Location: Alice Springs, AUS, but I call call CO my home.
Fly for Large Mouth Bass
I love to fly fish. My brother loves to Bass Fish. One very successful technique he has is to surface float a 3-4 inch plastic (worm, shad, lizard, etc), pretty much playing it over cover as one would do a floating Rapala. I would like to replicate that in a fly. Why? Because I think the fight would be a LOT more fun on a fly rod. Any ideas? Forget zonkers, too heavy. I go light. Looking for something that is 3-4 inches long that I can cast with a 7 weight (could go 8) that will squrm in (not on) the surface film. Recognize I will have to probably go to a #4 tippit vice the #7 I use for trout.
I don't know what a floating rapala is.... I can tell you that there are tons of top water (both on and in the surface film) Flies for Bass that will give a great strike as well as a good fight. One of my favorites is a hopper pattern. There are plenty of mouse patterns out there-- the moorish mouse seems to be the most castable. Then there are the frog patterns.
I tie a 'dying minnow' imitation that acts much like a slider/ diver but is much easier than stacking all that deer hair-- I use a marabou tail, and take buck-tail, make a 'bullet head', and let the length of the hair be a 'collar' that extends further back than a regular collar. pm me for a pic, if interested. The hair will keep it fairly high in the water, but not right on top-- except for the pause-- it will rise to the surface. strip it and it flails and dives-- pause, it suspends, then rises.... repeat.
Of course any and all of the deer hair bugs (poppers, sliders, divers, etc.) will be fun top water work.
Have fun and be creative-- Bass like lots of movement, and noise on top.
I used a #10 Wooly Bugger to catch this (perhaps the most posted pic on this site ):
Wooly Buggers do really well with any species of fish, and I was using a 9' 5wt with a 9' 4X leader that day. If you tie the Wooly Bugger without weight, it'll float. In fact, when I use rooster hackle and lightly weight buggers, they can float all day. This particular bugger was weighted enough to fish in just a couple feet of water, and you can see the little fly in this picture:
Wiggling/articulated buggers should be easy enough to tie, although I've never done it. Leaving the tail off the lead bugger section should result in a fairly nice fly. If you haven't seen articulated flies, go to YouTube or Google. They look pretty nice, but as I said I've never tied one.
If you tie that fly without any weighted eyes on the lead hook, and a little bit of weight on the trailing hook, it should ride the way you described. Using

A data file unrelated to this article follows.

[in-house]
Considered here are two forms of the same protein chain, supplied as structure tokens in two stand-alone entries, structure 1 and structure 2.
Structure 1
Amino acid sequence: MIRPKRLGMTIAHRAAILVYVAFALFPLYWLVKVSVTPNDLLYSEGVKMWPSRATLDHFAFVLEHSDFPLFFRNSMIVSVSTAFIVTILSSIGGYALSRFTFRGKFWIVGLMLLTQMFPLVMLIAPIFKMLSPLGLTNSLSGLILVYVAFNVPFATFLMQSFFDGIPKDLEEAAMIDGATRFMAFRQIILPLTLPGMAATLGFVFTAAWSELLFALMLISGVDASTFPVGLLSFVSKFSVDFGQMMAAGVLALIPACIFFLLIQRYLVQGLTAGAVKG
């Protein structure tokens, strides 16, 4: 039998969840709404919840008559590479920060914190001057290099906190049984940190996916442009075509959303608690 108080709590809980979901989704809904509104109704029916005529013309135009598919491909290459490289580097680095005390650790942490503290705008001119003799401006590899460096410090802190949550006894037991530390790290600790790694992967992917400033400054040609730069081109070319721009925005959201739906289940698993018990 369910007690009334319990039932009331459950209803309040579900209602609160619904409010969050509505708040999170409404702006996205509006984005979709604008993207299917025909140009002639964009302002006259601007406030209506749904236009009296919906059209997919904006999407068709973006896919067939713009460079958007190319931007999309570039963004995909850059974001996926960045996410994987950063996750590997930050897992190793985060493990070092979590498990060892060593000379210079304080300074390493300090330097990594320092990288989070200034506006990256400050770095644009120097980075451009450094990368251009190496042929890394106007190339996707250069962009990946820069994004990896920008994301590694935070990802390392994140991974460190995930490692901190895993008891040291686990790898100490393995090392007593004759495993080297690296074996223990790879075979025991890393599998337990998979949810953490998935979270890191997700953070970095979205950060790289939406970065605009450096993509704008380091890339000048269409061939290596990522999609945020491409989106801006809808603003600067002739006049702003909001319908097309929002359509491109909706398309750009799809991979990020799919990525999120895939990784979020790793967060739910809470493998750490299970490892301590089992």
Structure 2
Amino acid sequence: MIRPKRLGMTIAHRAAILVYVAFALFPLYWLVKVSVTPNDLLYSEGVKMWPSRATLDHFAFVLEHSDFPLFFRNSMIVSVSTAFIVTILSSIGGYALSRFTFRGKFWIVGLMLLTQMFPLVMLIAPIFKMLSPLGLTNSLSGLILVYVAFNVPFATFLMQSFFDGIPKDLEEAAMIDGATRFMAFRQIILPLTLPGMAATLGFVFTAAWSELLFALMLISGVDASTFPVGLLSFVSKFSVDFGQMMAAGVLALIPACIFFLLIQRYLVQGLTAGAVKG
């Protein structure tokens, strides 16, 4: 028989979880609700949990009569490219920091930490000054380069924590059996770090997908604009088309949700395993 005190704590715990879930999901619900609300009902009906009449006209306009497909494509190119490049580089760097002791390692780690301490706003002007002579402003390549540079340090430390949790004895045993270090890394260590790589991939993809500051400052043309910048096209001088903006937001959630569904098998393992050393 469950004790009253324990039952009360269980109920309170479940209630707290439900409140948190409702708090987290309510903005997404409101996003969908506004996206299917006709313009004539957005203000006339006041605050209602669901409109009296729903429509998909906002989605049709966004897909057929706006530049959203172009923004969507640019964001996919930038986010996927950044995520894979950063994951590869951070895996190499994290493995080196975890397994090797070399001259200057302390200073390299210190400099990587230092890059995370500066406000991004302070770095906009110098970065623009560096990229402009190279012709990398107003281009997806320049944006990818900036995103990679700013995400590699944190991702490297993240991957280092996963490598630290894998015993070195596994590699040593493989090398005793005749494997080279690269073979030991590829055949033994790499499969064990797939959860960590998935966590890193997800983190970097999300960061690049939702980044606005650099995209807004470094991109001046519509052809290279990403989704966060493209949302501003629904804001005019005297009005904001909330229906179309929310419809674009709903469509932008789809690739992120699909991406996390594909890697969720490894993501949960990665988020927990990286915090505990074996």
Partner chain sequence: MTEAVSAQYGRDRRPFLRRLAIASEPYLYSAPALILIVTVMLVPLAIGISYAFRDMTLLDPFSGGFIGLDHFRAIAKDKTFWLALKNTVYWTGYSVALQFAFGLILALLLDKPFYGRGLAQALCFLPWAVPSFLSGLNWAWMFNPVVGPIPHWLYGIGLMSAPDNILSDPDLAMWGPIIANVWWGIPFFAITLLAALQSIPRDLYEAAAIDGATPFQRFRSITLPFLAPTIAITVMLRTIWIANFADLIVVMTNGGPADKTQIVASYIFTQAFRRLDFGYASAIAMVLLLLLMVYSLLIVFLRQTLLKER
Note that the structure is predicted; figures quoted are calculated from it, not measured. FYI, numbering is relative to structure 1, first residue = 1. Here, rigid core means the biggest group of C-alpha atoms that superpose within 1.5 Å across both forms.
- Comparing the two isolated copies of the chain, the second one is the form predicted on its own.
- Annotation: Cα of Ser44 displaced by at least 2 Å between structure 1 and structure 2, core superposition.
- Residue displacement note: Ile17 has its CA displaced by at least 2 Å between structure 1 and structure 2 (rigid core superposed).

rooster hackle on the lead hook should guarantee that the lead hook stays on the top, or really close to it. I know that the lightly weighted buggers I tied with rooster hackle have to be yanked under, and they float like a cork again after each cast, so that might be something to consider.
P.S. The hook bend on the lead hook does get cut off in the final few seconds of the video.
PPS: The Dalhberg Diver Dan posted works really well for what you described: the rear is meant to hang lower than the head. It's not articulated, so I thought I add my 2 cents.
I'm home right now, and tied a couple of QUICK articulated Wooly Buggers. The second has much better hackle proportions than the first, but they were both tied much too quickly. A job worth doing is worth doing right. I wish I could remember that....
#10 streamer hook, and around 15 turns of .015" tin wire:
Zonker Strip Tail:
25# Leader passed through the trailing hook's eye, and then tied to the leading hook shank. After winding thread to the eye, the mono was folded over itself and wrapped for extra holding power:
Finished Fly before cutting the bend off the leading hook:
Second Fly with better hackle proportions (maybe):
EDIT In the spirit of doing things right, I tied a nice one. It only took a couple minutes longer, has bead chain eyes and an ice dub collar. I even used some gold wire to counterwrap the hackle (a step I usually skip):
These things only take about twice as long as a regular Wooly Bugger, and look like that should be really effective. Since these were all tied with some really stiff saddle hackle, I know they'll float until pulled under: they've done it before, even with the bead chain eyes. While looking at the fly here, I realize that I should have used a lighter thread for the head of the trailing fly. Just another excuse to tie more....